Flagg is more confusing to me. I understand he actually gets a backstory in other books but in The Stand he's very....confused. A lot of the time he doesn't know what he's doing or why. As Mother Abagail called him he was only "the Devil's imp" and was just a tool. That's why I thought he was another of these pawns of evil who doesn't have much say in any of the vile acts he commits.

In IT, the "Other" forces the Losers to do all sorts of things so why can't it be the same for teh bad guys?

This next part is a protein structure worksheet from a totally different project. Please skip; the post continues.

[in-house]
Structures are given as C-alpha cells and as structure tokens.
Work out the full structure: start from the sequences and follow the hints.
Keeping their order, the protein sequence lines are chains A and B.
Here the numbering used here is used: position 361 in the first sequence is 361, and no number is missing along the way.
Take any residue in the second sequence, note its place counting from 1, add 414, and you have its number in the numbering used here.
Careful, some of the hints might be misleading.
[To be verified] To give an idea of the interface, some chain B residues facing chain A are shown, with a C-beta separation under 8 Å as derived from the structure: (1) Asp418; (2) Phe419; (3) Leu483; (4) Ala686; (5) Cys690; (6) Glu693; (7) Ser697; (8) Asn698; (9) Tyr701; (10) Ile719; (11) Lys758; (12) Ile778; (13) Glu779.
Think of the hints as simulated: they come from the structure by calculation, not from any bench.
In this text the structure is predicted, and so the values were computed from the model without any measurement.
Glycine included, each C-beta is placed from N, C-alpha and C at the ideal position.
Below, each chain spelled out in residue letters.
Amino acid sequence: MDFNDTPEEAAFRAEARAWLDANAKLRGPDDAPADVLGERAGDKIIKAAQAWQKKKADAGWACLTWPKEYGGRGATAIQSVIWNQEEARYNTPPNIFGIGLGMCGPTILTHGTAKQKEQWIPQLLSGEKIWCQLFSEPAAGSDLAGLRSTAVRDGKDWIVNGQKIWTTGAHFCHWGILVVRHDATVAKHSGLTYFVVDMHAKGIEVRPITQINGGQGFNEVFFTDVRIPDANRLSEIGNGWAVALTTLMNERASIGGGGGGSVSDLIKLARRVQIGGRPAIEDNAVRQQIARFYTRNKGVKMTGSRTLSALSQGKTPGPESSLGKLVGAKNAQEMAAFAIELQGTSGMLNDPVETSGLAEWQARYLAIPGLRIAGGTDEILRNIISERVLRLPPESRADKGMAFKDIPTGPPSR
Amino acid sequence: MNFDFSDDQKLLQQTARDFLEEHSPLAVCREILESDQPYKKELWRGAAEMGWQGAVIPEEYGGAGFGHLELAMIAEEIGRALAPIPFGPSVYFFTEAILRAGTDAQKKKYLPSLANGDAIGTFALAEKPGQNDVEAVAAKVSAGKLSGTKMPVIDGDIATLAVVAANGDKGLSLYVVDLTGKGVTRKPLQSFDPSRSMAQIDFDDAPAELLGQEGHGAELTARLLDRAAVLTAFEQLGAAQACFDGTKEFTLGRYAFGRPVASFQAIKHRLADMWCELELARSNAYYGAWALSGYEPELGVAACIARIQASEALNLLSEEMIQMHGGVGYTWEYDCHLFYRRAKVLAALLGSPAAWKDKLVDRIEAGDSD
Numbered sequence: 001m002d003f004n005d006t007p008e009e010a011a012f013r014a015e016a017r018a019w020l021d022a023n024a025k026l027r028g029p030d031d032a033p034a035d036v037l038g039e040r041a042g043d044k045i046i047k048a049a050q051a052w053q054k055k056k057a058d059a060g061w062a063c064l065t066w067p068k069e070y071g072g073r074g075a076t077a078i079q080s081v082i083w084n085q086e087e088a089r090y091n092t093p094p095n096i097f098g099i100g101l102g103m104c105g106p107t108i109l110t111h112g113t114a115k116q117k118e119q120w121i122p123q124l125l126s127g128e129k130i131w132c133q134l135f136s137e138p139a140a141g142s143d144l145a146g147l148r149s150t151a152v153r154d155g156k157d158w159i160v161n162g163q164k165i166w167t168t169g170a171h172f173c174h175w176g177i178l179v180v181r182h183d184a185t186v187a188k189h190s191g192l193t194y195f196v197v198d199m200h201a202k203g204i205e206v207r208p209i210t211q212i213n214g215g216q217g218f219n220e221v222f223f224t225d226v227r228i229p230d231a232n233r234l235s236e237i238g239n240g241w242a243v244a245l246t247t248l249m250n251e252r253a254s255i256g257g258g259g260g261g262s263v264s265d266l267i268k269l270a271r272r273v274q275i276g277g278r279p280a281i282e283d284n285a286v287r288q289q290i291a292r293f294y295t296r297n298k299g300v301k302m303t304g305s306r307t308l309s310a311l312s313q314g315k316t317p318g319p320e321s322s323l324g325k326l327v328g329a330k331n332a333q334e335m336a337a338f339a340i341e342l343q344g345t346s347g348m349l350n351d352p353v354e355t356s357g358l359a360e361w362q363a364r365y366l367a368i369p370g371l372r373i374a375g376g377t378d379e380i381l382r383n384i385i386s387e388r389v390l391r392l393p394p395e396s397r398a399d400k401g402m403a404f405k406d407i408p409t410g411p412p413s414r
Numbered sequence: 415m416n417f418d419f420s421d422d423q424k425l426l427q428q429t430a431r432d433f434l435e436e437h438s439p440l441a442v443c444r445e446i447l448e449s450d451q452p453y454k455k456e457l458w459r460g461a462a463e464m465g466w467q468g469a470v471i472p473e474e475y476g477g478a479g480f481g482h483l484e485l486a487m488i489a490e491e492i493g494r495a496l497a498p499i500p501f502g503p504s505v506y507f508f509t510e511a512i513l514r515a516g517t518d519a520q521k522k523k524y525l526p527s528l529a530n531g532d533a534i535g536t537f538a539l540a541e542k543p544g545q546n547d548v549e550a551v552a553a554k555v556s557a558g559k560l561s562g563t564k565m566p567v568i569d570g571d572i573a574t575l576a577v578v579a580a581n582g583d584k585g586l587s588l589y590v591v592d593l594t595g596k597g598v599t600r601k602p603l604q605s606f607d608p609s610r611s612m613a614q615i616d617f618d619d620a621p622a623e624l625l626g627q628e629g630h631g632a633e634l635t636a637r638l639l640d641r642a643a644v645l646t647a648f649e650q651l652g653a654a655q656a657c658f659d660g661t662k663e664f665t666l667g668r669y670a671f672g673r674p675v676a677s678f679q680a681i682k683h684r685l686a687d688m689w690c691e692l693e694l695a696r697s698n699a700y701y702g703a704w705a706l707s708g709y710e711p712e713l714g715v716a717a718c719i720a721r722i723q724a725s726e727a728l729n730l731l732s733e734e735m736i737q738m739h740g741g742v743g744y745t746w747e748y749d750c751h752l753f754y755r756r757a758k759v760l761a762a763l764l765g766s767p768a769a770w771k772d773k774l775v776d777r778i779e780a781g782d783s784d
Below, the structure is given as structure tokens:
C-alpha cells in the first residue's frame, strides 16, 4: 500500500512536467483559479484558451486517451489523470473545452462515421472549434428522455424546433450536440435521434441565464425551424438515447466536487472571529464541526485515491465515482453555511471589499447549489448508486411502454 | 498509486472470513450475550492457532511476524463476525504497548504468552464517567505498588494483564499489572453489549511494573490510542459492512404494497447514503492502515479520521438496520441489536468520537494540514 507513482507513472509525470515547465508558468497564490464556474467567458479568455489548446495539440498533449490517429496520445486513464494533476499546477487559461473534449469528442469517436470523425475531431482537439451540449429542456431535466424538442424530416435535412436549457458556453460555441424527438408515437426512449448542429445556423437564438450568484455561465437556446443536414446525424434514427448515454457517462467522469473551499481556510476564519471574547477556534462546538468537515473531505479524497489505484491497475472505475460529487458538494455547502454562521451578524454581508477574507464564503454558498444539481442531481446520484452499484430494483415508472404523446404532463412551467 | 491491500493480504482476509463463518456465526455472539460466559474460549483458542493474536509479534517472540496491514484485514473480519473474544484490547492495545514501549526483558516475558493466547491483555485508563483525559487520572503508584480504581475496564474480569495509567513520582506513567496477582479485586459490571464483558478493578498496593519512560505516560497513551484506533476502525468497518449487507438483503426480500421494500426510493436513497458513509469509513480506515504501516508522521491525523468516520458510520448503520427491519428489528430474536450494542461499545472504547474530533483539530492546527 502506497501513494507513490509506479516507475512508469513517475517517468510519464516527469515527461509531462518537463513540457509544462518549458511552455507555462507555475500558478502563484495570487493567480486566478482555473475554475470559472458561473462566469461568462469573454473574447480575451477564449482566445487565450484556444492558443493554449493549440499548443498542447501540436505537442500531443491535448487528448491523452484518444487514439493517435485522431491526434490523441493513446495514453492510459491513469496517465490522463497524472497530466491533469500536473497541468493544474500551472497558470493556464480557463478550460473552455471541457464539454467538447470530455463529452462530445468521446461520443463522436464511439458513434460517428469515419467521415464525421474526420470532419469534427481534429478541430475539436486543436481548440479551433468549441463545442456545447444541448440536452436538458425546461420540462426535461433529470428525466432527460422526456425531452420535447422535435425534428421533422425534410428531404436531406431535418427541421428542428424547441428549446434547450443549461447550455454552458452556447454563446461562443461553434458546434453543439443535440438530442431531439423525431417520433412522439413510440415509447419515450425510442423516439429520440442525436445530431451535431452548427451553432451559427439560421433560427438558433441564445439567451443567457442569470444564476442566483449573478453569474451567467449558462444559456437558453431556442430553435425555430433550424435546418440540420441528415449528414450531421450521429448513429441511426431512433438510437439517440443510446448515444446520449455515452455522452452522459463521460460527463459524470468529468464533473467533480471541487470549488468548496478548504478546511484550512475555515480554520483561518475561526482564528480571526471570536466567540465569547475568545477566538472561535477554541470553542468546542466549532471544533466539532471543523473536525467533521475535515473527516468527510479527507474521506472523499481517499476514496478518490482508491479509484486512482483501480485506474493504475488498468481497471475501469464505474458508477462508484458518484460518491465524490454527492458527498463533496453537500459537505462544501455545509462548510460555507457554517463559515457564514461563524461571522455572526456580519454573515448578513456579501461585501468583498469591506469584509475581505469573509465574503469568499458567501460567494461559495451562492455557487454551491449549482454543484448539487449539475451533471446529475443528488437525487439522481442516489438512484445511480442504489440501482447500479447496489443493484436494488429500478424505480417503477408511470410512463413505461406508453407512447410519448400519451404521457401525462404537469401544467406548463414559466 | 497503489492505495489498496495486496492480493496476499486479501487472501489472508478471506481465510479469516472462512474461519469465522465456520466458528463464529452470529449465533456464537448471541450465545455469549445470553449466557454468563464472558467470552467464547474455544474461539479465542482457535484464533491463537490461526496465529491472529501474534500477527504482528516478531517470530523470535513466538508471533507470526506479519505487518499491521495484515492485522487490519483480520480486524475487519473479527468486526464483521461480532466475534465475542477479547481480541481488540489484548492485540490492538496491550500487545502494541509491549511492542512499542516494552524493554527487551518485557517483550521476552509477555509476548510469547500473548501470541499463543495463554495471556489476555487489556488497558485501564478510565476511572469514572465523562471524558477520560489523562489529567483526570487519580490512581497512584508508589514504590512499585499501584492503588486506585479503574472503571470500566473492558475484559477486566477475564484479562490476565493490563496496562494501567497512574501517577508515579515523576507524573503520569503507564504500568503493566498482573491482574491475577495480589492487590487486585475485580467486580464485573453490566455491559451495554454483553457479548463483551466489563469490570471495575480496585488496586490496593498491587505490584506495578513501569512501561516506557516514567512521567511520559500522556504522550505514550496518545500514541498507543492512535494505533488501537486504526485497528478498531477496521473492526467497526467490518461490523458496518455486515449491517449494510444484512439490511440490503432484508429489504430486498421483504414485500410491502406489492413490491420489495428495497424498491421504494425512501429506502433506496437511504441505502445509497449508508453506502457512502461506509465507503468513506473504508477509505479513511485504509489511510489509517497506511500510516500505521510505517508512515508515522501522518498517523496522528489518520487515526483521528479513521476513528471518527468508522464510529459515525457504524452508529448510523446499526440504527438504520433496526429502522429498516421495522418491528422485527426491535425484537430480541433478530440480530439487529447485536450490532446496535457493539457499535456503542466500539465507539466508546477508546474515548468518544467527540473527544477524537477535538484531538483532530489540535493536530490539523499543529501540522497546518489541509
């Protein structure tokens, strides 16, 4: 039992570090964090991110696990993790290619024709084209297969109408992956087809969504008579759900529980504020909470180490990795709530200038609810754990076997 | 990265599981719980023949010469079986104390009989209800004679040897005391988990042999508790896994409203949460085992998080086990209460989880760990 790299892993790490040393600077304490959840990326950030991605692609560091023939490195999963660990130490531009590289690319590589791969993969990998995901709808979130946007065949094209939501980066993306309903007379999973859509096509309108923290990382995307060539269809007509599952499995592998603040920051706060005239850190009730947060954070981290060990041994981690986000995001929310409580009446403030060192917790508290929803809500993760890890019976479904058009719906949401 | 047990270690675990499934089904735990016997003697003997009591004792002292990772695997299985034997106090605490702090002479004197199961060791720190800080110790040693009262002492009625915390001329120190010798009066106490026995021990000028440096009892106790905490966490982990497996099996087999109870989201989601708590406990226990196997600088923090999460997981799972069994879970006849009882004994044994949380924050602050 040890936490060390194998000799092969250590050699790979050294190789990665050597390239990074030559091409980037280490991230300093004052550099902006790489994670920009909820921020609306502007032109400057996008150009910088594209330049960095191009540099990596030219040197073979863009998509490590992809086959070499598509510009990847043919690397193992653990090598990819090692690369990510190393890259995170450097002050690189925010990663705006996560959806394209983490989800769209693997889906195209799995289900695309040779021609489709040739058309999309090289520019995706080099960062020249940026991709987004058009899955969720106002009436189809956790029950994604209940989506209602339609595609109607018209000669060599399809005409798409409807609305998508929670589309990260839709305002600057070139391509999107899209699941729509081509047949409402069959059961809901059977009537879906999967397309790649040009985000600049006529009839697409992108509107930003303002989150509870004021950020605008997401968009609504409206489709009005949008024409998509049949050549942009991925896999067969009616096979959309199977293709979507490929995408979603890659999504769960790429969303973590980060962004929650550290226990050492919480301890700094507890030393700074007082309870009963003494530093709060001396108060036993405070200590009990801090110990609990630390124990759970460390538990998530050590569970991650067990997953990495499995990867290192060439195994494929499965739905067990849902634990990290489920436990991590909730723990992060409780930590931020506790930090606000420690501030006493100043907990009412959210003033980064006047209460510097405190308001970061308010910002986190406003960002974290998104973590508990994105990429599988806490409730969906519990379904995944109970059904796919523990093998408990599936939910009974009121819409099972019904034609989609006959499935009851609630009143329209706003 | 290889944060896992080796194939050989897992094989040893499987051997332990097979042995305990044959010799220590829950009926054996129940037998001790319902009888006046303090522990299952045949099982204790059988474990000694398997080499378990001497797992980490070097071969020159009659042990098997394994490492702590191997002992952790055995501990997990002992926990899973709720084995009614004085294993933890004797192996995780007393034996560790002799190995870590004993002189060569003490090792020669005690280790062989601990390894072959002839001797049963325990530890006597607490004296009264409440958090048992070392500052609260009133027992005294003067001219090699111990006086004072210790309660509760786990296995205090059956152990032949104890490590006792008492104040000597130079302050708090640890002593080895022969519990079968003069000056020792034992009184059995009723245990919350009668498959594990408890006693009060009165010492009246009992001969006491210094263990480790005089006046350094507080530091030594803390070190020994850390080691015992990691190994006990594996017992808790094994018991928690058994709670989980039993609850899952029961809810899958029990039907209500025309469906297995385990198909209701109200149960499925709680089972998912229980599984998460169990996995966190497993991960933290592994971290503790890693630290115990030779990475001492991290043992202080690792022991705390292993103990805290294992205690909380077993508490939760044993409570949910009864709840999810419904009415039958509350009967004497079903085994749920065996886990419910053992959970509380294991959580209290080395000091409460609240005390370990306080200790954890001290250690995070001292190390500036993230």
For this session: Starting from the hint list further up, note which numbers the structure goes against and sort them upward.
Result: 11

Walter Oobleck

keeps coming back...or going, and going, and going
Mar 6, 2013
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Are the evil forces, the really evil and powerful forces like IT or Randall Flagg, truly responsible for what they are? I dunno if you know of the site called TV Tropes but there they have a trope called Complete Monster. In short, a CM is a character who is beyond heinous and vicious and most of all, is completely responsible for what they do.

In IT, the "Other" forces the Losers to do all sorts of things so why can't it be the same for the bad guys?